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Pets of the issue

Pets of the issue

Christina Stoutenburg

Editor-in-Chief

 

To help cover adoption fees, an anonymous supporter has offered to help cover the cost of any pet featured in the Erie Square Gazette. For more information on adopting these pets, contact the Sanilac County Humane Society at (810) 657-8962 or e-mail them at societypets @att.net. You can also visit their webpage and check out the other adorable adoptees at www. petfinder .com  /shelters/ MI278.html. For more information call 989-5584.

Maverick is an adult male Collie/Hound mix who is house trained. He has short brown, black, and white fur, and is neutered and up-to-date with routine shots. His adoption fee is $175.00.

Roberta Jane is a young female gray and white with short hair. She is spayed, house trained, and up-to-date on routine shots. Her adoption fee is $75.

For more inquiries contact the shelter.

SC4 alumni donates $500,000 to scholarships

SC4 alumni donates $500,000 to scholarships

Liz Whittemore

Photo Editor

 

The pursuit of knowledge just got a little less expensive.

SC4 alumni and local businessman Gene Oldford made a donation to set up a scholarship fund in the amount of $500,000 to the SC4 Foundation’s All Aboard: Campaign for Talent, Technology, and Tomorrow specifically for student scholarships.

Before Oldford’s donation, the campaign had raised just over $125,600 for student scholarships, well over their goal of $100,000.

SC4 President Dr. Pollock made the announcement Nov. 3 at SC4’s annual Red Carpet Affair as a public thanks.

The Stephen B. and Clara E. Oldford Scholarship Endowment Fund, named in honor of Oldford’s parents, will be received over the next five years. The first installment needs time to generate interest and then will be available to the students for scholarships starting in the 2013-2014 year.

Graduates of St. Clair and Sanilac County high schools with a 2.5 GPA are eligible for the scholarship. Applicants will be required to submit an essay.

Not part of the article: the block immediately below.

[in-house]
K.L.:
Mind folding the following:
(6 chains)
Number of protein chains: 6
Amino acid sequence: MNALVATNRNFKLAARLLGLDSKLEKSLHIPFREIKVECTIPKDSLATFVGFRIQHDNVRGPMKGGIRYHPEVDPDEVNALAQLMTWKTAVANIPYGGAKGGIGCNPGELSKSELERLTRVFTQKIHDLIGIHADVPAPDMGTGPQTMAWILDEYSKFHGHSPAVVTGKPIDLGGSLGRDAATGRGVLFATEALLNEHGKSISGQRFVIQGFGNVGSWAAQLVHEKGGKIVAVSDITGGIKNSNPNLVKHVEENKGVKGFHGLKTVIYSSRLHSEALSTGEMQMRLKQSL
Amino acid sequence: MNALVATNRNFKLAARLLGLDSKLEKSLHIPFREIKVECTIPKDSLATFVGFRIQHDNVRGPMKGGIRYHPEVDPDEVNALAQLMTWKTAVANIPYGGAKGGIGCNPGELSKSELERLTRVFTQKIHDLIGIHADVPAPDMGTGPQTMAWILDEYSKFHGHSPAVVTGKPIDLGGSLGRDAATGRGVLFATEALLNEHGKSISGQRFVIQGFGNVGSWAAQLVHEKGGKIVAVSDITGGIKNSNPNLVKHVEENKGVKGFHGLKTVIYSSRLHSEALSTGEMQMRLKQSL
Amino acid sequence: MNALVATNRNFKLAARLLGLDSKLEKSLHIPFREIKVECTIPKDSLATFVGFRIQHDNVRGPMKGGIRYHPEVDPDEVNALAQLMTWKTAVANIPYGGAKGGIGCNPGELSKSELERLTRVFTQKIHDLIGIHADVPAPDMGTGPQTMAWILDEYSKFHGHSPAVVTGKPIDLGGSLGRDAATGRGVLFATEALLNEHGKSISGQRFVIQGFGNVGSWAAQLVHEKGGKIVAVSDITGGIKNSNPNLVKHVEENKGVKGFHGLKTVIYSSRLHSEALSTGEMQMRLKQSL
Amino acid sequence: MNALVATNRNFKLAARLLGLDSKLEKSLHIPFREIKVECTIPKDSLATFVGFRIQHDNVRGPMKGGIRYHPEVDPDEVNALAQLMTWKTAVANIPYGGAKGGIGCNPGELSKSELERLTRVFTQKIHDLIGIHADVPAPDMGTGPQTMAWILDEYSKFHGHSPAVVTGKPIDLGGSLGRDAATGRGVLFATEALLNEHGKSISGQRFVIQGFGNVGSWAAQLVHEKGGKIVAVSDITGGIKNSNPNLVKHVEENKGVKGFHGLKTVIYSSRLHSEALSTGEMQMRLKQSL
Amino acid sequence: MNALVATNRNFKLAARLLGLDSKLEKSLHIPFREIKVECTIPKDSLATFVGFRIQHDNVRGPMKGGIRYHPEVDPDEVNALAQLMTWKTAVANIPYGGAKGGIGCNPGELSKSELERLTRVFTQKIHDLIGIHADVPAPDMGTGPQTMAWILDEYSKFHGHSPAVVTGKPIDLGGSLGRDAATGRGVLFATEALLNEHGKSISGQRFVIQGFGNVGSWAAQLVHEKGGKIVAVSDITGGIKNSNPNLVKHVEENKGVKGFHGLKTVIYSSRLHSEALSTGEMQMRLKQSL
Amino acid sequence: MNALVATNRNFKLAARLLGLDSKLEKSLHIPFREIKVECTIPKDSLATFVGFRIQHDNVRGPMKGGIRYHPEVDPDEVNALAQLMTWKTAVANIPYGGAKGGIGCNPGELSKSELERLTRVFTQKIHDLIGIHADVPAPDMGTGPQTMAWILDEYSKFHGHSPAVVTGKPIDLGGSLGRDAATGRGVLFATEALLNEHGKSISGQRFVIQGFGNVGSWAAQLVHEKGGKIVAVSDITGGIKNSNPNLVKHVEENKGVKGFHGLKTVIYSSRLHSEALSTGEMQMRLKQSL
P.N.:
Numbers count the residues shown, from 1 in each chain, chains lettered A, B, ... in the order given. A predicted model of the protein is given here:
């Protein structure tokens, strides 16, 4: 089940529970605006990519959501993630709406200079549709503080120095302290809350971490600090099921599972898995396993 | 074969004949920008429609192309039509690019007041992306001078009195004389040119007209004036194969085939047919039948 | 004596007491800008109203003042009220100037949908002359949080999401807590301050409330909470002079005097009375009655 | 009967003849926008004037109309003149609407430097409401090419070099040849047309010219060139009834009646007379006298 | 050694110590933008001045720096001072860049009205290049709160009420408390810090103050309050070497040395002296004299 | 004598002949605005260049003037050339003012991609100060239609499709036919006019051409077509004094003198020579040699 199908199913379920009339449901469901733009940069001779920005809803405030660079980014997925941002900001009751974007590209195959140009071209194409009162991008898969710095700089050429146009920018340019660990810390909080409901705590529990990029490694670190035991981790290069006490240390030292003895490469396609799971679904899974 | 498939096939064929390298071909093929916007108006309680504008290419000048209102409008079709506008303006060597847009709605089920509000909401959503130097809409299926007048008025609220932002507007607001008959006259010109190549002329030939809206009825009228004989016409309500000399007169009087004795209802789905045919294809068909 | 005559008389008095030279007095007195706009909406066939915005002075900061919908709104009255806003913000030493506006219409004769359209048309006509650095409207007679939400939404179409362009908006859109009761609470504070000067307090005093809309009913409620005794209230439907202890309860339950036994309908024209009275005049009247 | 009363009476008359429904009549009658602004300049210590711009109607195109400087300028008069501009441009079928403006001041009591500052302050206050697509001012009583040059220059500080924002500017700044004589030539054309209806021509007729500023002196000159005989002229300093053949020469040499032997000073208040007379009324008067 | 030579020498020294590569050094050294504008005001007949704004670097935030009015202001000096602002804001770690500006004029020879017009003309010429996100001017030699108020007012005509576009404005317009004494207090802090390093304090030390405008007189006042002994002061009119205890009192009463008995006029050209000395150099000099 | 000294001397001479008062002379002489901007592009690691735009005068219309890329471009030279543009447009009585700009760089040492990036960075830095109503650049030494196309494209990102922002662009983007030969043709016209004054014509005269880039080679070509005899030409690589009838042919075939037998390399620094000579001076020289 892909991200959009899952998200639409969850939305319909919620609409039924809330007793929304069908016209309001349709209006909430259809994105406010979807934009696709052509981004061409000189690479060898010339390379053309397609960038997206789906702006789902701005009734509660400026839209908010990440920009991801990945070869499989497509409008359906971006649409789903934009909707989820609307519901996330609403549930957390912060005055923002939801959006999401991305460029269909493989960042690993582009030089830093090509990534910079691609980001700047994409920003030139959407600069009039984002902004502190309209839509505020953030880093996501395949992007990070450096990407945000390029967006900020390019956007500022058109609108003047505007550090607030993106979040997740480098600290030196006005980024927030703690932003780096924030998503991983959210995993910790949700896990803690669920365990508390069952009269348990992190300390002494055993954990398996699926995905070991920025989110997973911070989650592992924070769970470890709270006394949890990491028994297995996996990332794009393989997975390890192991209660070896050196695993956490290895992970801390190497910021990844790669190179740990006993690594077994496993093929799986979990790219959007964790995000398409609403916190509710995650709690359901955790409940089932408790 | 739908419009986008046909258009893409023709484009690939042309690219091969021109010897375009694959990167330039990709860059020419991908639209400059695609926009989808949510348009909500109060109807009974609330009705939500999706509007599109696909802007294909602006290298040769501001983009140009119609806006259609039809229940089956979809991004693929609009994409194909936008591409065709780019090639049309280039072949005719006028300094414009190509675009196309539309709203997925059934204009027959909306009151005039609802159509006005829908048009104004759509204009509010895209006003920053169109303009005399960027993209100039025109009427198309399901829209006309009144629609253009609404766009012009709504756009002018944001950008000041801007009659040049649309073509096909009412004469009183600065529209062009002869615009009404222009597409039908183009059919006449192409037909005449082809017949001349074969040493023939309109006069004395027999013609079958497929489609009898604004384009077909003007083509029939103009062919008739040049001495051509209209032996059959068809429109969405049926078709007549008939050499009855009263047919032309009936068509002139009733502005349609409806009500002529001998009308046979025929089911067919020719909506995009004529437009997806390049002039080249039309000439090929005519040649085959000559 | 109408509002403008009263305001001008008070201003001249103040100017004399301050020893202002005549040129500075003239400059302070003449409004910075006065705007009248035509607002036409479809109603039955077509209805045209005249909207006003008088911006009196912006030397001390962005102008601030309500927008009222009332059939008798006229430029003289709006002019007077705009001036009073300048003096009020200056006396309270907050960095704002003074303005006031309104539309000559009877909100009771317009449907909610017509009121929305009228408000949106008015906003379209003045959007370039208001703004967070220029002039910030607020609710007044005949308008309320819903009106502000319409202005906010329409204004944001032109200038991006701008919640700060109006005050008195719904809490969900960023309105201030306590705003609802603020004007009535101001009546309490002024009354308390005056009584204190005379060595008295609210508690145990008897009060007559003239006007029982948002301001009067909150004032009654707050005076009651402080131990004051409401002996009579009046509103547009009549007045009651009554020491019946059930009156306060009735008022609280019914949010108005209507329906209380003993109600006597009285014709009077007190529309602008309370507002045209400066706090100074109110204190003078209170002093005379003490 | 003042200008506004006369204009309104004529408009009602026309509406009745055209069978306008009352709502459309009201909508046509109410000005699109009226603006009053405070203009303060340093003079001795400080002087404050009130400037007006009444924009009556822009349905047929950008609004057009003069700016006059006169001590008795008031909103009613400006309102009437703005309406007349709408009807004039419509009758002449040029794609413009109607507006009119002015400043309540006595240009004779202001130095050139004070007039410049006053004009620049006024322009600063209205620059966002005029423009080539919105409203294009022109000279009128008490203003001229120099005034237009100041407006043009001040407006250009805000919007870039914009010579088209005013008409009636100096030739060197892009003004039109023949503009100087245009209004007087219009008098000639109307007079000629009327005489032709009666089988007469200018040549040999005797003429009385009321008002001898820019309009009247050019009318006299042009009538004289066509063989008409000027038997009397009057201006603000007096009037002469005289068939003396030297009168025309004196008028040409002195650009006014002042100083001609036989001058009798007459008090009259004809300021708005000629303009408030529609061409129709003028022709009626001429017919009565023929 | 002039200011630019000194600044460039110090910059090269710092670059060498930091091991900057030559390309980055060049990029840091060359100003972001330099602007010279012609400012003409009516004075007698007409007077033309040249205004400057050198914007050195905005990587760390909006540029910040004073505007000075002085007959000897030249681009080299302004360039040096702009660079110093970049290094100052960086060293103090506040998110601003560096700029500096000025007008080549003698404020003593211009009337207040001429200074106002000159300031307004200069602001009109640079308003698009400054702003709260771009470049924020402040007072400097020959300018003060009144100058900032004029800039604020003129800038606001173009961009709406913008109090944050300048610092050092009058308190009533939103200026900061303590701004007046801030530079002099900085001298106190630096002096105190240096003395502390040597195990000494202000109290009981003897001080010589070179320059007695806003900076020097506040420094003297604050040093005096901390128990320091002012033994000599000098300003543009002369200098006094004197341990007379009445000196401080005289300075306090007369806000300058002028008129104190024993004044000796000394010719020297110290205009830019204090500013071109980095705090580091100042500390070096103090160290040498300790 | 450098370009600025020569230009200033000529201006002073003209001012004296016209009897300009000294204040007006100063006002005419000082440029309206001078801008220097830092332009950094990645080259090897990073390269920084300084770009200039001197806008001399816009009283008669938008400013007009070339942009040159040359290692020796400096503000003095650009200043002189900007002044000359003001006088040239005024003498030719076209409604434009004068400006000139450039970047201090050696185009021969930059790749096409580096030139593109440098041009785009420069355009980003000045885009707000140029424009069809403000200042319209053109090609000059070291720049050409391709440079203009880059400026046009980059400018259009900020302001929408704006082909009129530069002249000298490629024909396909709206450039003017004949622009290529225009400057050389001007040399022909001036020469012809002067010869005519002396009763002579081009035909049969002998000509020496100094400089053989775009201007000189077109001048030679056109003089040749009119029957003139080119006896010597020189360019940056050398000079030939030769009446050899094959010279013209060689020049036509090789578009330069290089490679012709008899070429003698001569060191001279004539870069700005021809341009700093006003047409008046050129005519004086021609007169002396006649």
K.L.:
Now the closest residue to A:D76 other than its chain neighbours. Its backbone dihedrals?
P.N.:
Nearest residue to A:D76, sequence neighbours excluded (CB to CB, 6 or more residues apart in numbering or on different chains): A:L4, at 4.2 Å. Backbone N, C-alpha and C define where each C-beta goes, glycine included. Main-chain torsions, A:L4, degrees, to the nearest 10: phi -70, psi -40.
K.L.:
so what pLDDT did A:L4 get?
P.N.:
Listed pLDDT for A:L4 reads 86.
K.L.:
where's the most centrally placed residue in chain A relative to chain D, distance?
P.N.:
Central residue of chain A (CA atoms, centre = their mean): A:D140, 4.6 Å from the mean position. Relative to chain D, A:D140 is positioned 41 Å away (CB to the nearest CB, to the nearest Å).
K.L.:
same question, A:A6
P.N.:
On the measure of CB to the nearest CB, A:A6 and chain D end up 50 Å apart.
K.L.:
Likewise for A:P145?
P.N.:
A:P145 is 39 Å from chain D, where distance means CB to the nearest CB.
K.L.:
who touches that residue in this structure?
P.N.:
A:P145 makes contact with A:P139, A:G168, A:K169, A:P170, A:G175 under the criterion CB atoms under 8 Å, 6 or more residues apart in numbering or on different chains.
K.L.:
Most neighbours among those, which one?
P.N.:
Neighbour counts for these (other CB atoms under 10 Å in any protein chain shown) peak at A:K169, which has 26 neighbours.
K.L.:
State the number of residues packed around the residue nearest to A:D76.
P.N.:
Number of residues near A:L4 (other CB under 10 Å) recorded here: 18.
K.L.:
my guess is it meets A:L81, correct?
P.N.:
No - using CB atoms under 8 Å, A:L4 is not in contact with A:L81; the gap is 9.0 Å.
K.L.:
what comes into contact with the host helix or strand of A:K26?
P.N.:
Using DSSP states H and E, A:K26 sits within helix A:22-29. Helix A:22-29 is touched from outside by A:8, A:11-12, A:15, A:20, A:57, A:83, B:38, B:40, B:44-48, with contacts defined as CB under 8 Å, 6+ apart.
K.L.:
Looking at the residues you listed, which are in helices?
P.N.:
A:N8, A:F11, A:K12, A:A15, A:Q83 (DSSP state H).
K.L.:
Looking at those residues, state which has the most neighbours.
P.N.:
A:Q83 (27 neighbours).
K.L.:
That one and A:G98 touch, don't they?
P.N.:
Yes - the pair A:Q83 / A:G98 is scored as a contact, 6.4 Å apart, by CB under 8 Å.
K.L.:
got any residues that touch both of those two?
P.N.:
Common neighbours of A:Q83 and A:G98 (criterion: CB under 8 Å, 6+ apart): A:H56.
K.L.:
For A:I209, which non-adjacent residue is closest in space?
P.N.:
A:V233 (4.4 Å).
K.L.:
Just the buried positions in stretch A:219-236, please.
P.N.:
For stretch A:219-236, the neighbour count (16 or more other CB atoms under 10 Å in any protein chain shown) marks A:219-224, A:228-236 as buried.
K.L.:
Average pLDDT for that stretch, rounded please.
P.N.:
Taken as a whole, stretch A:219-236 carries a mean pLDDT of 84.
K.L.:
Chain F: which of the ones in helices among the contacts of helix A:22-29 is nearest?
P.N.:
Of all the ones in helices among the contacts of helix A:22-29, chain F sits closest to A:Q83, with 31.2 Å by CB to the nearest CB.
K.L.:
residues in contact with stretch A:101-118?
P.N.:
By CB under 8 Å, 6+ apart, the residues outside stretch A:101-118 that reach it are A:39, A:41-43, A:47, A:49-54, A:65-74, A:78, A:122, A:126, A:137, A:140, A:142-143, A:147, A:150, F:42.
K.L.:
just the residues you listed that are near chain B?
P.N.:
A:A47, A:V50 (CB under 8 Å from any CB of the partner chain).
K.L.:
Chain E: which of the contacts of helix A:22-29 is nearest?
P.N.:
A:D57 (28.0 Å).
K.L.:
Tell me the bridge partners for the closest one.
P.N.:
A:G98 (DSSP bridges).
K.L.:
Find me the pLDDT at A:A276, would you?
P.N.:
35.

The scholarship amount student applicants will be able to receive, and how many students the fund could benefit, will vary and has yet to be determined.

“As the interest grows, we can help more students,” said David Goetze, SC4 Director of College Advancement and Alumni Relations.

According to Goetze, the scholarship could be as much as full tuition and books.

To set up a scholarship fund, there must be a $20,000 endowment, though
this can be paid in installments.

There is also the option of donating to existing scholarships. Donations can also be made online, though there is a $10 minimum for credit cards due to processing fees.

For a list of available scholarships, go to sc4.edu/scholarships.

“Students should always look into everything that they are potentially eligible for. People want to help,” said Pollock.

Between semesters

Between semesters

Rachael Pittiglio

Guest writer

 

You have a minimum of 23 days. But don’t worry—it’s just winter break.

SC4’s final week of classes and exams begins on Dec. 17 and ends on Dec. 21, and the winter 2013 semester does not start until Jan. 14.  This means there is just a little more than three weeks to prepare (be it mentally, physically, or fiscally) for the next semester, or for whatever else 2013 holds for you.

For some, the break means time for an academic recharge.

Textbooks used at SC4 for the fall 2012 semester. Photo Credit: Rachael Pittiglio

“First three days I’m not doing nothing. I’m not even gonna look at a book,” says Kevin Doyle, a student in the liberal arts program.

After 16 weeks of classes and then finals, even the most studious of us can use a little while off.

Of course, that doesn’t mean you can’t put that time to work. You might put in a few more hours at your job, or, if you haven’t already, you might register for winter classes.

If this semester was your last at SC4, you might spend the break getting ready for a new job, or to transfer.

Even if you’ll still be working, the break from school provides some time to tackle other projects and catch up with friends and family. Kris Raymond, a criminal justice corrections major, says she’ll use it to move to a new home and to spend time with her daughter.

Of course, sometimes the value of having time off is that you don’t have to schedule anything. Business major Michael Mulé has no definite plans about what to do during his break.

“I’m not too sure yet,” Mulé said. “Possibly going north snowmobiling. Hanging out with family; that kind of stuff.”

You might relish the chance to sleep in, or the opportunity to decide what to do with the downtime day by day.

Whatever your plan, or lack thereof, you’ll have at least 23 days to enact it. What will you do with your winter break?

Tis’ the season

Tis’ the season

Joyce Smith

Staff Writer